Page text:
Gardens to Tables

Spring is time for:


The Tomatomania folks will be offering pop-ups through the end of April throughout Southern California. They will not only (obviously) have a wide variety of tomato seedlings but also peppers and other veggies. For more information, click here.

Our Favorite Books


Create Web Sites

Learn the latest in Web design, from Dreamweaver to Expression Web at

Search the site

Garden Poll

What's the first thing you're planting this spring?
Welcome to Gardens to Tables
A Flair for Local Talent -- and Hawaii Regional Cuisine -- at Chai's Island Bistro Print E-mail
Written by Ann Shepphird   

Chai Island Bistro CookbookLocated at the Aloha Tower Marketplace on the Hawaiian island of Oahu, Chai's Island Bistro is a haven for local talent. This is true both on the stage (where local entertainment is featured nightly) and in the kitchen, where produce from local farms is featured in Hawaii Regional Cuisine influenced by Chef/Owner Chai Chaowasaree's native Thailand. Chef Chai works closely with local farmers at Nalo Farms and Aloun Farms. He also helped found Hawaiian Island Chefs, an organization whose mission is to promote agriculture and aquaculture in Hawaii and to help promote academic scholarships in the culinary arts. 

For those who can't get to Oahu and would like to learn more about Chef Chai's cooking -- or try it themselves at home -- his cookbook, "The Island Bistro Cookbook," is a great place to start. Below is one of the recipes. According to Chef Chai, "This is one of the easiest dishes to make. You don't have to follow the recipe exactly and you can substitute pork or anything else. You can stir-fry it any way you want and make it as fancy or simple as you like. It depends on how much you want to show off for your dinner guests!"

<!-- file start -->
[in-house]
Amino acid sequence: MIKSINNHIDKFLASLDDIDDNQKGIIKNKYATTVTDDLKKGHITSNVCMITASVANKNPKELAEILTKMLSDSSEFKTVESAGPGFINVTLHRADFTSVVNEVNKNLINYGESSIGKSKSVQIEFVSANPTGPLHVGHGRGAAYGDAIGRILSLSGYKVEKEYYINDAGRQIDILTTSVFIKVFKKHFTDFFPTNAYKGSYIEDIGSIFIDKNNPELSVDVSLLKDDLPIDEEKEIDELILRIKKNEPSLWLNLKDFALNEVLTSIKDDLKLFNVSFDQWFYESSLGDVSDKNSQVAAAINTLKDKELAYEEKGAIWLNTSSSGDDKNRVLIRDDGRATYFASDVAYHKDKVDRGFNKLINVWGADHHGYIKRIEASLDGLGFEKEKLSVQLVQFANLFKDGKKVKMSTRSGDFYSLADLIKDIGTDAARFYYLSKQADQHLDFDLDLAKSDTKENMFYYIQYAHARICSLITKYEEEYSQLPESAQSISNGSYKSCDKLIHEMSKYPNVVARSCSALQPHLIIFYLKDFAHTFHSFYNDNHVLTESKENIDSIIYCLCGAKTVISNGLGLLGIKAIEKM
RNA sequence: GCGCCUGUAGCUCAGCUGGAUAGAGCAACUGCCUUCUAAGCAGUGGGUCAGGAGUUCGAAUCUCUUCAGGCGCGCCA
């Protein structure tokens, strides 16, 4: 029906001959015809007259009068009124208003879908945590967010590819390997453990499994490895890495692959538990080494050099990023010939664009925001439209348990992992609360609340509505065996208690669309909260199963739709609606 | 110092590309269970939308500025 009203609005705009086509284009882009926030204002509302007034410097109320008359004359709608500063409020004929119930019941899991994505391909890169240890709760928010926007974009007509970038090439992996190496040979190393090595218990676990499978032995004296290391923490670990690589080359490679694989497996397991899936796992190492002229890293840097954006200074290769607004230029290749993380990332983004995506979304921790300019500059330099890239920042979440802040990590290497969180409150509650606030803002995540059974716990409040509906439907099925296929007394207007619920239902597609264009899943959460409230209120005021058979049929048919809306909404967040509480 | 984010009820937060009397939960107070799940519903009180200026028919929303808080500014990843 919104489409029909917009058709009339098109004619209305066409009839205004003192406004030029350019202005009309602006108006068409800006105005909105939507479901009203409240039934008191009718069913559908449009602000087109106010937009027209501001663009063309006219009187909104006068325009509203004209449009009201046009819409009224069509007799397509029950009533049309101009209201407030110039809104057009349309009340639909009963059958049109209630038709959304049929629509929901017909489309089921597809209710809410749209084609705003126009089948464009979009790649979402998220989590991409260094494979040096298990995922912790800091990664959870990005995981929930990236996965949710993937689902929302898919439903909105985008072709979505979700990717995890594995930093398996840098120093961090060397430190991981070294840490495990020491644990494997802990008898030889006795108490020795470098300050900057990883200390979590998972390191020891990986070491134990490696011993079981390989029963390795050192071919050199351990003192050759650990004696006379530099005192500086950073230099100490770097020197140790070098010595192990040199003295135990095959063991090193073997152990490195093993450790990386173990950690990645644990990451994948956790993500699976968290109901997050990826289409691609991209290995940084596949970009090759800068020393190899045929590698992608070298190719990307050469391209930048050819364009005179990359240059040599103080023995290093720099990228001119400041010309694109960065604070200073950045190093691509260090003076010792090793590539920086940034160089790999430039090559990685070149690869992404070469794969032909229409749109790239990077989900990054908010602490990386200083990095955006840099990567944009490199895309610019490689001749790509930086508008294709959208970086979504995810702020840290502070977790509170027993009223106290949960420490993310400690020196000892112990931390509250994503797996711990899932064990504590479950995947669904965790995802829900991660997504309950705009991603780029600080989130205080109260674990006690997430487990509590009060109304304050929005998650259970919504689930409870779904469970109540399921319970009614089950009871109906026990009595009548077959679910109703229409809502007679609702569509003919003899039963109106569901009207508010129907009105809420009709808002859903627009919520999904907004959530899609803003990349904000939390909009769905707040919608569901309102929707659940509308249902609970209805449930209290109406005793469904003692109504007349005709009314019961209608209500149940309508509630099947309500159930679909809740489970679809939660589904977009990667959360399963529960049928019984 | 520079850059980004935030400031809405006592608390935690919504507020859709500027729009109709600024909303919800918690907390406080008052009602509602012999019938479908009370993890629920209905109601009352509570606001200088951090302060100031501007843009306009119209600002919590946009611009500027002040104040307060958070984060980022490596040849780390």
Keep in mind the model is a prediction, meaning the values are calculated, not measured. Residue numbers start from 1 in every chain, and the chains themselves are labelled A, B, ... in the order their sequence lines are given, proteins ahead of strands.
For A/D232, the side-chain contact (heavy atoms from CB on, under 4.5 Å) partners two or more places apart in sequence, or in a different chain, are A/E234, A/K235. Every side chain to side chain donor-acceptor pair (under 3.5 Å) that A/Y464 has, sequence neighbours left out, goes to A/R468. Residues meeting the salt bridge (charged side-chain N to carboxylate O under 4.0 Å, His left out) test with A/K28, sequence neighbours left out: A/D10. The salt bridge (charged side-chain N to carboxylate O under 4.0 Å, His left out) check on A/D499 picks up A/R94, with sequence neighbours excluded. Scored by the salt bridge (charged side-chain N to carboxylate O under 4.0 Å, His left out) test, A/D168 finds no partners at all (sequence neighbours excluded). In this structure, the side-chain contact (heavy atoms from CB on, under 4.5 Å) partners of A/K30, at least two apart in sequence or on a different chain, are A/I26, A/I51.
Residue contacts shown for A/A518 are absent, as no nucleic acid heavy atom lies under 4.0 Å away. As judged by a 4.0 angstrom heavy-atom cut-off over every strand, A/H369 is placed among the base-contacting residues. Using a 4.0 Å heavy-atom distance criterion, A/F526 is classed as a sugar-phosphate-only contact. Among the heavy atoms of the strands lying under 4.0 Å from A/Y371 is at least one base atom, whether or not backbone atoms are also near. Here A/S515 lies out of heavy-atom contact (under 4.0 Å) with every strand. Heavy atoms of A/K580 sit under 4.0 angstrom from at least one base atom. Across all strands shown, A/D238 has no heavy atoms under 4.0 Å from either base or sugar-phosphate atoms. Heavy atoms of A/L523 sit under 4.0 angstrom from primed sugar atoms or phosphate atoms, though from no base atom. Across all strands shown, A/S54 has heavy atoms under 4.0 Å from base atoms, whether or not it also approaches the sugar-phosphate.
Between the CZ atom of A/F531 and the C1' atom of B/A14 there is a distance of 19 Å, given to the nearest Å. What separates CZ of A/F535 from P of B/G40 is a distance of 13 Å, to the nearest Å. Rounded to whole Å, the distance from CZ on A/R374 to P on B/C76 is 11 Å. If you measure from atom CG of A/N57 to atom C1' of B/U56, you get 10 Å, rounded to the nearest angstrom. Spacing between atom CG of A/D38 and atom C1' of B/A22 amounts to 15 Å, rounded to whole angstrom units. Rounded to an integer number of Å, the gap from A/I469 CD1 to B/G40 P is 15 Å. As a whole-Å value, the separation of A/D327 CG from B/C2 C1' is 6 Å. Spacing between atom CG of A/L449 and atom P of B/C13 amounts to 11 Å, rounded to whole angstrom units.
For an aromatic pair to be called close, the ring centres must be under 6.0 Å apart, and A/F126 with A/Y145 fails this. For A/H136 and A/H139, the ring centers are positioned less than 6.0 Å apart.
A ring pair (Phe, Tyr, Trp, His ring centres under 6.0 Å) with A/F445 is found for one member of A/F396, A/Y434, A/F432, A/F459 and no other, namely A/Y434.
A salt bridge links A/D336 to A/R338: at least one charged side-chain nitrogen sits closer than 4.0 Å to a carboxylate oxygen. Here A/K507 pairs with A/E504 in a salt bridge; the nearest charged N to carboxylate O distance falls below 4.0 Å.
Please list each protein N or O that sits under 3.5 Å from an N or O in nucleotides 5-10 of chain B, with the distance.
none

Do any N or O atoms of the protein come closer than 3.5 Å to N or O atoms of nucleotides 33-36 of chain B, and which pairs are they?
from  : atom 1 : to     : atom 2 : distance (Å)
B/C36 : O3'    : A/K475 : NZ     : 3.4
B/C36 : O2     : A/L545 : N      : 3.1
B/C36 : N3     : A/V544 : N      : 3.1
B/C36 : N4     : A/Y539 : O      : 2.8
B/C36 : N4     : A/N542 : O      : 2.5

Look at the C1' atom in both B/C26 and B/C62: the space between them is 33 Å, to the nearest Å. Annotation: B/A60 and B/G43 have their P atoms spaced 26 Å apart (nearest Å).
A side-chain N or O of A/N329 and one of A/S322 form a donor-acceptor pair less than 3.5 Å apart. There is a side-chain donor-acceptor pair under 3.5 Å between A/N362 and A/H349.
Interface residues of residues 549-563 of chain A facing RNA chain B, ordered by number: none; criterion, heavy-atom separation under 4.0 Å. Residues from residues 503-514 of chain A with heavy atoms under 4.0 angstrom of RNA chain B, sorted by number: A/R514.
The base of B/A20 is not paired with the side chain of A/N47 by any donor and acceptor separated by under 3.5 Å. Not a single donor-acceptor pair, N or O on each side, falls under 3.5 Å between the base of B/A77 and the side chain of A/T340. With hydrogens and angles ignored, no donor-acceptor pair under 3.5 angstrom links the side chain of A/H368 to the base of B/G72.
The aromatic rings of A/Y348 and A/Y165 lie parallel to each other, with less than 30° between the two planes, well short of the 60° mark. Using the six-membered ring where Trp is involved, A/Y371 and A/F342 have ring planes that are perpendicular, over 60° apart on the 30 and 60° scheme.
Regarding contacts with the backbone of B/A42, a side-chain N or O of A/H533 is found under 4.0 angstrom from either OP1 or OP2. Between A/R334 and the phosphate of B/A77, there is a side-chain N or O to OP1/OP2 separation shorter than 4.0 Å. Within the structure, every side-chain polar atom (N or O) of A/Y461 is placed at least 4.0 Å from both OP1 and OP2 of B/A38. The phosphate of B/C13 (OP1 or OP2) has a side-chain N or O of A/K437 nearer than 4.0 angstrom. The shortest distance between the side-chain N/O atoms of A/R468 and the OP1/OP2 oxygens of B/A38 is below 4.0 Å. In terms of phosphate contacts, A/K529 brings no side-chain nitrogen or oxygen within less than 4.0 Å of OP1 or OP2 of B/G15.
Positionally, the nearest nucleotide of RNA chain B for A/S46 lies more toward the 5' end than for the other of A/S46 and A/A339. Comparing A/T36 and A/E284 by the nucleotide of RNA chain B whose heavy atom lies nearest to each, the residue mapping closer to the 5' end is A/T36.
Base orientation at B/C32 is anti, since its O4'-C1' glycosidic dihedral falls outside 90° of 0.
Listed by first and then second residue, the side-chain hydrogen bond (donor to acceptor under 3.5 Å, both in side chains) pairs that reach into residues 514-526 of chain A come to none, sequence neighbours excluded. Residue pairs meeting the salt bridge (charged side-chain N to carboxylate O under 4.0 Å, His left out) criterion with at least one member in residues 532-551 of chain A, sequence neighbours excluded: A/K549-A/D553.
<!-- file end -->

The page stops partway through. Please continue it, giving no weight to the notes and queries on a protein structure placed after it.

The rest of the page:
Bringing Local Farms to the Table at M Bistro in New Orleans Print E-mail
Written by Ann Shepphird   

Chef Matt MurphyThere may be no city more beloved by foodies than New Orleans. And, while the city has always been known for its fresh local fish, not as much of the attention has been focused on the area’s farms and farmers. Matt Murphy (pictured right), executive chef at the Ritz-Carlton, New Orleans, is helping to change all that with his M bistro restaurant. Named one of the top farm-to-table hotel restaurants by Travel + Leisure magazine, Chef Murphy recently launched a new seasonal menu with items that include cauliflower bisque, roasted sweet corn cioppino, grilled quail and arugula salad, and chanterelle and morel mushroom gnocchi – from local farmers that include Anne and Sandy Sharpe at Covey Rise Farm (mixed greens, baby veggies and heirloom tomatoes), Nick Usher at Grow Farms (greens, root vegetables and herbs) and Costa Family Farms (broccoli, cauliflower, citrus).

For us, Chef Murphy has kindly provided a great recipe for crab-stuffed artichoke heart with organic mixed greens and Meyer lemon sauce. (Click "Read More" for recipe.) Enjoy!

Bringing Italy Home with "The Elixir of Life" Print E-mail
Written by Ann Shepphird   

The Elixir of LifeHappy New Year! I don't know if any of you made resolutions but I just have one: to travel to Italy. It's something I've wanted to do since I took Italian in college at UCLA more than 20 years ago but have somehow never made it. Naturally one of the biggest reasons I'd like to go is the country's great farm-to-table tradition, which is celebated in a great new cookbook called "The Elixir of Life" by Lisa Dahl. Dahl is executive sous-chef and co-owner of Cucina Rustica and Dahl & DiLuca Ristorante Italiano in Sedona, Arizona, and her travels through Tuscany are the inspiration for the book.